Friday, June 1, 2012

“Shady Grove” - & Much More: Remembering Doc

Banjo Friday is back!

Happy to say that, but it’s a sad occasion in many ways, because I’m coming back with a tribute to the late great Doc Watson, who passed away on Tuesday at age 89. Of course, Doc was known first as a virtuoso guitar flatpicker—a guitarist who could play with the utmost musicality at unreal speeds: a combination that’s hardly ever found, because usually one of those traits is sacrificed for the other. Not the case with Doc Watson—he was a flatpicking phenomenon; I read a comment about his playing that it was based on “an economy of motion & an economy of sound”—that’s beautifully put. & secondarily, Doc was known as a singer—a rich, casual baritone voice that evinced his good humor & his passion as the circumstance required. As was the case with his guitar picking, he just sang so easily.

But there was more to Doc Watson as a musician beyond the flatpicking & singing. He was also a masterful fingerpicking guitarist who played in a two-finger style (thumb & index finger) much in the Merle Travis tradition—in fact, the video I posted on Wednesday, Doc’s version of “Deep River Blues,” was one of his well-known fingerpicking numbers. & he played a mean harmonica.

But Doc Watson also was an excellent banjo player who also played that instrument in a two-finger “up-picking” style. In fact, the banjo was Doc’s first instrument—interesting how that’s true for so many of the great traditional musicians—tho the oddest thing I found out about Doc’s early playing days is that at one time he was flatpicking fiddle tunes on a Gibson Les Paul.

I’ve loved Doc Watson’s music since I first heard him play & sing “Tennessee Stud” & “Way Downtown” on the great Will the Circle Be Unbroken album, released by the Nitty Gritty Dirt Band, but featuring so many wonderful traditional musicians—not just Doc, but Mother Maybelle Carter, Roy Acuff, Merle Travis, Jimmy Martin & more. A man who overcame infant blindness to become not only a virtuoso musician, but a beloved figure & an important proponent of traditional music, Watson will be truly missed.

I wanted to showcase Doc’s banjo playing, so I picked his version of “Shady Grove.” I’ll admit that the internet has some disagreement as to who’s actually playing banjo on this recording: while many sources (including Abigail Washburn, if I understand her statement correctly) attribute the banjo on this track to Doc, I’ve also seen at least one source say it was his son Merle (a virtuoso player, again known more for his guitar work) & at least one credit it to Don Stover. So there you have it! But trust me, Doc could play some banjo!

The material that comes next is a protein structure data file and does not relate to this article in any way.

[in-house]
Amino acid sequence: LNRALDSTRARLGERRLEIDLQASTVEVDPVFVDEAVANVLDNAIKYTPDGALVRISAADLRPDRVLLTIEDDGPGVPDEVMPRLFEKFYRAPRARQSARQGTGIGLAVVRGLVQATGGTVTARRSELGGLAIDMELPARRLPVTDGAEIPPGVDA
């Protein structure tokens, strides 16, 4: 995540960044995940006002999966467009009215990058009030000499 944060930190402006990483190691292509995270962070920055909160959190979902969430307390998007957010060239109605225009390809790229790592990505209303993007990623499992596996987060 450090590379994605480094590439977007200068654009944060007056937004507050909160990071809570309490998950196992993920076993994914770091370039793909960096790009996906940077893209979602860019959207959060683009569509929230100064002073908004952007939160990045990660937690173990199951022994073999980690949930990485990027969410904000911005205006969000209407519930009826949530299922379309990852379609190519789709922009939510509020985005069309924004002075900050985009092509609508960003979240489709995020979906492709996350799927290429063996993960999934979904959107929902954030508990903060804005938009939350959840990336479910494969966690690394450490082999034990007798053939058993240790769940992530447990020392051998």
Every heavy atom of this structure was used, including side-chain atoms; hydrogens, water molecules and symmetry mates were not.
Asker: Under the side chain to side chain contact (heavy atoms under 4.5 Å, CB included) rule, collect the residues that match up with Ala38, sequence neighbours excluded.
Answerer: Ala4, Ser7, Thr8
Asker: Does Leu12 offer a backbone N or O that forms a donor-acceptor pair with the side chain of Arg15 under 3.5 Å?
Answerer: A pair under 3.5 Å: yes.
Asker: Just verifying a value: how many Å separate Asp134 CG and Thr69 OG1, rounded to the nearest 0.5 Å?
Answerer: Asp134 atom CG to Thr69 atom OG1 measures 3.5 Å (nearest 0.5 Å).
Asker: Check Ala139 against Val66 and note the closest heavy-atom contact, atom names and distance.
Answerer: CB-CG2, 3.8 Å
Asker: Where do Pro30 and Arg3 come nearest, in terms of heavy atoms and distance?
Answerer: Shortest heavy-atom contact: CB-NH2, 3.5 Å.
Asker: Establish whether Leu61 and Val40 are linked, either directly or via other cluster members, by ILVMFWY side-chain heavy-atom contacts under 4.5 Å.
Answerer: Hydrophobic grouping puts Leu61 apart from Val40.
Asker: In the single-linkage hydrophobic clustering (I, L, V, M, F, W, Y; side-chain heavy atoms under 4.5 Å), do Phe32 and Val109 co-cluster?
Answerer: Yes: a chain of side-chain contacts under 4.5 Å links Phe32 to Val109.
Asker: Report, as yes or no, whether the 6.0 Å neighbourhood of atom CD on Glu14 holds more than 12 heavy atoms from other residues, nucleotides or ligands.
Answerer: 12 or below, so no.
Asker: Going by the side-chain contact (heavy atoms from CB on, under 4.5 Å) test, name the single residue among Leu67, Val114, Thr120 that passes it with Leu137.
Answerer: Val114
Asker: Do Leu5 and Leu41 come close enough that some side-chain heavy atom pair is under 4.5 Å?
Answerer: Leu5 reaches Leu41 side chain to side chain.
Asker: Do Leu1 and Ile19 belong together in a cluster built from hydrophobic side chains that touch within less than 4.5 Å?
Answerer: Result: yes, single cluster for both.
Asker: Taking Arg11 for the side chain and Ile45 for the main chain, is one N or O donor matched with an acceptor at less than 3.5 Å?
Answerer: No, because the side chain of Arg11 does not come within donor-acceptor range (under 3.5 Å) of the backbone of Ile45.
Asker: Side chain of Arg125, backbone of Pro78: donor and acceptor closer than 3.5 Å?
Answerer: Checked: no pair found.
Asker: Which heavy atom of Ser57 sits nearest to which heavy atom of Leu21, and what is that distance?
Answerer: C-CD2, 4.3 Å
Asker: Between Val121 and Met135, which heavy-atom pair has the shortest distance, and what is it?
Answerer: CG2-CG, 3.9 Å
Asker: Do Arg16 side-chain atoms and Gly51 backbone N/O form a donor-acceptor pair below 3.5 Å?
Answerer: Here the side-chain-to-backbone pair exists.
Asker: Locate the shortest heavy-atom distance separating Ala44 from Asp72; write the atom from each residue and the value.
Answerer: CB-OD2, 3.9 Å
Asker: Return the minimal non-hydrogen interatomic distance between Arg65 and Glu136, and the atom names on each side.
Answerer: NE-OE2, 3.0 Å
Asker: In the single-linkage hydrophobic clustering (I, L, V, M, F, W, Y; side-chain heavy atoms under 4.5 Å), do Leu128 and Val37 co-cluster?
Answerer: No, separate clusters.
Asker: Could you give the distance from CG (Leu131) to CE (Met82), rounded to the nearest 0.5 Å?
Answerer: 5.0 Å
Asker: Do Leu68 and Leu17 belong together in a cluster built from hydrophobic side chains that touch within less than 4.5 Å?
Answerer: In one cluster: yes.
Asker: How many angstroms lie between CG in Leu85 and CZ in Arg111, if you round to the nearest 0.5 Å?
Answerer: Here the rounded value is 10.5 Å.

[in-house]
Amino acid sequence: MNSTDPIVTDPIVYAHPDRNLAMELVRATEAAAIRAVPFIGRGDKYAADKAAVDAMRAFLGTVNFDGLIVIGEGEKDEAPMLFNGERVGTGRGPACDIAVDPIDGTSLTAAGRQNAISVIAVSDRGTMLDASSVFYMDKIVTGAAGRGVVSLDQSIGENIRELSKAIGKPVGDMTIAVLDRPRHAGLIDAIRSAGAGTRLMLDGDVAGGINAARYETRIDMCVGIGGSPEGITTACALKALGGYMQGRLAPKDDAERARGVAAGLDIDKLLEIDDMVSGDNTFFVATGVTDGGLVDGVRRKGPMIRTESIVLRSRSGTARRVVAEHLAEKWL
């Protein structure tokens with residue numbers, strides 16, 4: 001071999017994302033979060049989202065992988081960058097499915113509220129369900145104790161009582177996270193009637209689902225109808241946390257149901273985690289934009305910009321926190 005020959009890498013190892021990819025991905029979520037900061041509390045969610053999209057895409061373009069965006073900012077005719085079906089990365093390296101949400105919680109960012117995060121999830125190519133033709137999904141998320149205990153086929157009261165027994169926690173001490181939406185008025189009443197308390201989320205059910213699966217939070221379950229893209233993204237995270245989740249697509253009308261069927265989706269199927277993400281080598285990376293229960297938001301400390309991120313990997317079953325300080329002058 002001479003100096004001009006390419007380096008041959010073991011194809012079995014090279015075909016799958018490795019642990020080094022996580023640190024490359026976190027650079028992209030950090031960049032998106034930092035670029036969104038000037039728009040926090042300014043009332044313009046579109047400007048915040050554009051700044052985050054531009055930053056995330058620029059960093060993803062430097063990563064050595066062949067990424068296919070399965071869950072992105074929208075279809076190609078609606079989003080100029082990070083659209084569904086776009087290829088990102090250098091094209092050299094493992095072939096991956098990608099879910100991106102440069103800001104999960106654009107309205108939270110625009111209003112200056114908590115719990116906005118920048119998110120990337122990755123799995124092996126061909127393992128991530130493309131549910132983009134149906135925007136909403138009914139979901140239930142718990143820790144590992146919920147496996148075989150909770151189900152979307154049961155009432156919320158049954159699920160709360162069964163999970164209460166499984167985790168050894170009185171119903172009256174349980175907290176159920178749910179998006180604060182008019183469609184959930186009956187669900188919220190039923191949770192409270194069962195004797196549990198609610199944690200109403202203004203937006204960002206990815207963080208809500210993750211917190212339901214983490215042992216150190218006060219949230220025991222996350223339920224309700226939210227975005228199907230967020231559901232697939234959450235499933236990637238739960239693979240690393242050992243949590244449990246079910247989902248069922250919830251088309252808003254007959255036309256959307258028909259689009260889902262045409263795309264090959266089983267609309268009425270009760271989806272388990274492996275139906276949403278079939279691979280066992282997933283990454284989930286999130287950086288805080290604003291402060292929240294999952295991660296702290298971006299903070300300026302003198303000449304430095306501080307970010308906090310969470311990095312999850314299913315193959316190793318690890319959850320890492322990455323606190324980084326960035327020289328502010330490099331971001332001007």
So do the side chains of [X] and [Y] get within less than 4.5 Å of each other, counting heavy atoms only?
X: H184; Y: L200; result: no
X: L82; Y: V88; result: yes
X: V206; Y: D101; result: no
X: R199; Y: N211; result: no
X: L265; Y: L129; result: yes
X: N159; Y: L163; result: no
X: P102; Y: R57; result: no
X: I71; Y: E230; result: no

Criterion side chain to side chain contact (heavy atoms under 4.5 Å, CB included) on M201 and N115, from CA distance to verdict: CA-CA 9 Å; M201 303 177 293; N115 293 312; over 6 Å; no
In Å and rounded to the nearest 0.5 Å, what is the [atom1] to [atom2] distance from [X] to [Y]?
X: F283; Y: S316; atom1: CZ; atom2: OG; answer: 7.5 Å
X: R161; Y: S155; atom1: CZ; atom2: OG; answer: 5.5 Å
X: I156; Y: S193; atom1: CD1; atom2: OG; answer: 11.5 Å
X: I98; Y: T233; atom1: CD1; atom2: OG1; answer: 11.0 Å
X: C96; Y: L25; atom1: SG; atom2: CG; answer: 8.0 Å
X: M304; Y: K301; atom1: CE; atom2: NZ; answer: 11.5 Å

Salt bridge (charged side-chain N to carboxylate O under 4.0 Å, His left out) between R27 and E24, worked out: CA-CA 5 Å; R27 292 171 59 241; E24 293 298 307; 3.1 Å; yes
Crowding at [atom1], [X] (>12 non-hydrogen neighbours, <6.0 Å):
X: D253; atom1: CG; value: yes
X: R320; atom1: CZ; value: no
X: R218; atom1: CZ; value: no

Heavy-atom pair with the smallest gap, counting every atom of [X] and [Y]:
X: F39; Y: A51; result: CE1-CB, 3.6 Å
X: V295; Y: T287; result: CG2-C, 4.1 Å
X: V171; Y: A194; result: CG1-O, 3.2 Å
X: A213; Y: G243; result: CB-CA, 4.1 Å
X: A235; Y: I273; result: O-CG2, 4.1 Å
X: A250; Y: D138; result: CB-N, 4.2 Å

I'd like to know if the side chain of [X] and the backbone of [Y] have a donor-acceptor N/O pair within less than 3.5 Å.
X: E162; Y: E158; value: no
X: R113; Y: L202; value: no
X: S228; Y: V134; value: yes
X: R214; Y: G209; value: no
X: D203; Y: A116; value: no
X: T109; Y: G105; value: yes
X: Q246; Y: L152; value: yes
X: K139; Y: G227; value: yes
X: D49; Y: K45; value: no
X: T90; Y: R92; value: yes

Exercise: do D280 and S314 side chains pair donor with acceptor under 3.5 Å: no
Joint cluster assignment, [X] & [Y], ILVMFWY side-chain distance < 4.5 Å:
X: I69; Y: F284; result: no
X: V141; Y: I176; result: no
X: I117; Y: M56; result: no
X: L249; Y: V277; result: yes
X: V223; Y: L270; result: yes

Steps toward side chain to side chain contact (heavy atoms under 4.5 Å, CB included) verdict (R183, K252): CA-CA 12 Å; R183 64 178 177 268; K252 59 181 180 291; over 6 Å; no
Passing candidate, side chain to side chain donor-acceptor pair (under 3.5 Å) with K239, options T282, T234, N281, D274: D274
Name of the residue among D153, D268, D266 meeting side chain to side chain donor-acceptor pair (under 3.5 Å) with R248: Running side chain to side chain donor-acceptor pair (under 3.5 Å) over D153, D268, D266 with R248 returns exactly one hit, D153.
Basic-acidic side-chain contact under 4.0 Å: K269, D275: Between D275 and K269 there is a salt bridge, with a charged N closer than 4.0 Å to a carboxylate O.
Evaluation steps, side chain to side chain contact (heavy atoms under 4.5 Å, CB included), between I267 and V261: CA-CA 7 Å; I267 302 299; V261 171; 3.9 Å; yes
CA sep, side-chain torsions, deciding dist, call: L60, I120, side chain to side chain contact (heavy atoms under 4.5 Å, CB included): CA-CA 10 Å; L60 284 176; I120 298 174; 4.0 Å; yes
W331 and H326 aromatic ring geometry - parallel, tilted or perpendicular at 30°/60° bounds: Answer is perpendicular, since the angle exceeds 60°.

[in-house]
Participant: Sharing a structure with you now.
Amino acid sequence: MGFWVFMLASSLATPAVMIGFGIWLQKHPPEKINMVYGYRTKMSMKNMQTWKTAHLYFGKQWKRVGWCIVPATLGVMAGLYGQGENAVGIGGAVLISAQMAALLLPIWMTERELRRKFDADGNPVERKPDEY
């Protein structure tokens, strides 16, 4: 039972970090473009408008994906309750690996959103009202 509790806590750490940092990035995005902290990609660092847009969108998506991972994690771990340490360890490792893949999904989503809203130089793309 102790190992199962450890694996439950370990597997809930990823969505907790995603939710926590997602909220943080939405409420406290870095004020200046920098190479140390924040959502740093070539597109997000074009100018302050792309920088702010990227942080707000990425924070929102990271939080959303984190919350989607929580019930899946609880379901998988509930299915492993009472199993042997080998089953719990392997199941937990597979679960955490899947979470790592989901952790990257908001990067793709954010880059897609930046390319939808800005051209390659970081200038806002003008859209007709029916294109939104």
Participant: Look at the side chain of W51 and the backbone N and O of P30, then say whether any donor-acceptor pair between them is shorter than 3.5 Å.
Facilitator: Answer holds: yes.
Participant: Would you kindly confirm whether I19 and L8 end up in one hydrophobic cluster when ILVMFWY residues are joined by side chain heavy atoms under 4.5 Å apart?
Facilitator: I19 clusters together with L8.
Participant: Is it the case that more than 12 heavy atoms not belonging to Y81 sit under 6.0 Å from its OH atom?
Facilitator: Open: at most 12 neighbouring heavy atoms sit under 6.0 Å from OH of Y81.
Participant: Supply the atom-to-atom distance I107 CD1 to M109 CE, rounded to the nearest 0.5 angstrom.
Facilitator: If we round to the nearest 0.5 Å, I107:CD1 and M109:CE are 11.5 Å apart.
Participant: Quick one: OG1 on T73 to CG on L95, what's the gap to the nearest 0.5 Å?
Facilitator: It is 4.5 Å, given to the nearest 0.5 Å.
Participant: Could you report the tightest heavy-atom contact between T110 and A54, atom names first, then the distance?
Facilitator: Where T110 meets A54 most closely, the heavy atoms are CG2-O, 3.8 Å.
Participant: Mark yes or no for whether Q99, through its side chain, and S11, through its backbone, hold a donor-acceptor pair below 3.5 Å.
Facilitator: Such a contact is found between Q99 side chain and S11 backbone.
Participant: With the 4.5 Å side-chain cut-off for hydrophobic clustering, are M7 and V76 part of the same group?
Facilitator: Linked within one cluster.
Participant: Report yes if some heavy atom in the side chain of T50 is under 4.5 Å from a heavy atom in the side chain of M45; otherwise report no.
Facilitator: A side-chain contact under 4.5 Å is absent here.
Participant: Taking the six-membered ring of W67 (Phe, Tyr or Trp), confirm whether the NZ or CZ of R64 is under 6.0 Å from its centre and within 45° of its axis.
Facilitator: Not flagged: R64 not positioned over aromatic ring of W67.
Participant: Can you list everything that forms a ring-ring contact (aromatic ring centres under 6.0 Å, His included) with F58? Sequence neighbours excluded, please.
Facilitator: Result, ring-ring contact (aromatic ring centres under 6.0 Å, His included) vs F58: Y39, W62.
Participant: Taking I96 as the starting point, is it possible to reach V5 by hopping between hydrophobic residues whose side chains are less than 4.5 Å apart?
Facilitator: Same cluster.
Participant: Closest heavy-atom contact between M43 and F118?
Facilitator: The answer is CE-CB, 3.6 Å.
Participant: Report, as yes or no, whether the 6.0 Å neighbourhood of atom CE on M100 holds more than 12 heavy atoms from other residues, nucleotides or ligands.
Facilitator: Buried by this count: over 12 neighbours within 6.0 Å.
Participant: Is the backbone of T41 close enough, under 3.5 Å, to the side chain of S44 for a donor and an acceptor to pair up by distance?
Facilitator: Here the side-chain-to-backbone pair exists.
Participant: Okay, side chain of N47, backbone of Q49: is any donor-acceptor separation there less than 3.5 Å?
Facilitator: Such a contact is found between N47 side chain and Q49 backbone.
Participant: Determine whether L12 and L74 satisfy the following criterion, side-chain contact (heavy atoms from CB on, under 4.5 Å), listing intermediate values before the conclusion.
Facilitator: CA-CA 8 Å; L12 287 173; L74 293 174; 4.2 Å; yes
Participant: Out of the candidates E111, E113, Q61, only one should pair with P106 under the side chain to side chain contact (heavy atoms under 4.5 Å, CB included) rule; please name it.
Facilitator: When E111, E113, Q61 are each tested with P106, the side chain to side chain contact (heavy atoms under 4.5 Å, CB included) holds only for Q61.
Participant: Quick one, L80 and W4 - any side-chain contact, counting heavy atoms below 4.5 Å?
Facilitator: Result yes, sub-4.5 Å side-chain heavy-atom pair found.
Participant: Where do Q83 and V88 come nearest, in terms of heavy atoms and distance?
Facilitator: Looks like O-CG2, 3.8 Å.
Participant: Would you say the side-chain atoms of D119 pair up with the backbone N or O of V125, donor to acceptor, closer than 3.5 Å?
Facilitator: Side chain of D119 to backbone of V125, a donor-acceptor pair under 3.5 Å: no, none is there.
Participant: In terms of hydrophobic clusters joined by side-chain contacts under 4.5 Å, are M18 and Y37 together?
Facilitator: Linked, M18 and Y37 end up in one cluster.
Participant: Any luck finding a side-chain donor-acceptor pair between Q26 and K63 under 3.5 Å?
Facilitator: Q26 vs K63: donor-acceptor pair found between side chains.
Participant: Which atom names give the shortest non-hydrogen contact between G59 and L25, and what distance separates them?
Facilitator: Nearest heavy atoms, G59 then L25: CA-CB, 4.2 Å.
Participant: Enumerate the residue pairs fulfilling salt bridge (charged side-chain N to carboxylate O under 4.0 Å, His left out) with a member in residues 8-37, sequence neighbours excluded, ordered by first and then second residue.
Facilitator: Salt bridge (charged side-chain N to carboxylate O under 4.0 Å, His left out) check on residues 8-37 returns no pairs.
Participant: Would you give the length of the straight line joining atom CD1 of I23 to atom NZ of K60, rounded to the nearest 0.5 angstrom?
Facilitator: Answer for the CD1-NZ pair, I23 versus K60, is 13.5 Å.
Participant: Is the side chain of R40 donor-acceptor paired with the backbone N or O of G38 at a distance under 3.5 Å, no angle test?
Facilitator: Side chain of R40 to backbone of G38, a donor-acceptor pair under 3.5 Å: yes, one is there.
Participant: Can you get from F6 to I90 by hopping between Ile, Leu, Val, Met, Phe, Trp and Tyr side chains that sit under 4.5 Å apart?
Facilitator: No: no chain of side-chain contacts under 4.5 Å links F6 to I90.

In addition, I thought it would be appropriate to feature a video of Doc jamming with Earl Scruggs, another master musician who passed away recently, & one I regret not commemorating earlier on Banjo Friday; finally, since most of the guitar breaks on that video are done by Merle Watson & Randy Scruggs, I’ve added one of Doc flatpicking & trading leads with jack Lawrence, who was his playing partner after the tragic & untimely death of Merle in a farm accident in 1985. To memorialize his son, Doc started MerleFest, the great “traditional plus” music festival held each year in Wilkesboro, North Carolina.

Doc played with real joy & passion—in combination with his incredible chops, those qualities made him a player for a generation. Hope you enjoy this wonderful music.

Pic shows the Doc Watson sculpture on the corner of King and Depot Streets in Boone, North Carolina. The plaque on the bench reads "Just one of the People". The photo was posted to Wiki Commons by user Geologik, & is made available under a Creative Commons Attribution-Share Alike 3.0 Unported license.


  1. Great tribute, John! This definitely got my day off to a good start. Thanks.

    1. Thanks so much, Roy! Very happy that you enjoyed it.

  2. Was shocked to hear the news, and knew if I came HERE I'd find good words and memories to make things feel right. Love the videos thanks so much! Wow, Doc Watson. What a grand human being. Thanks John.

    1. Wow, Cathy, I'm really touched by that comment--thank you so much. Yes, Doc was a great person by all accounts, & certainly his singing & playing back that up.


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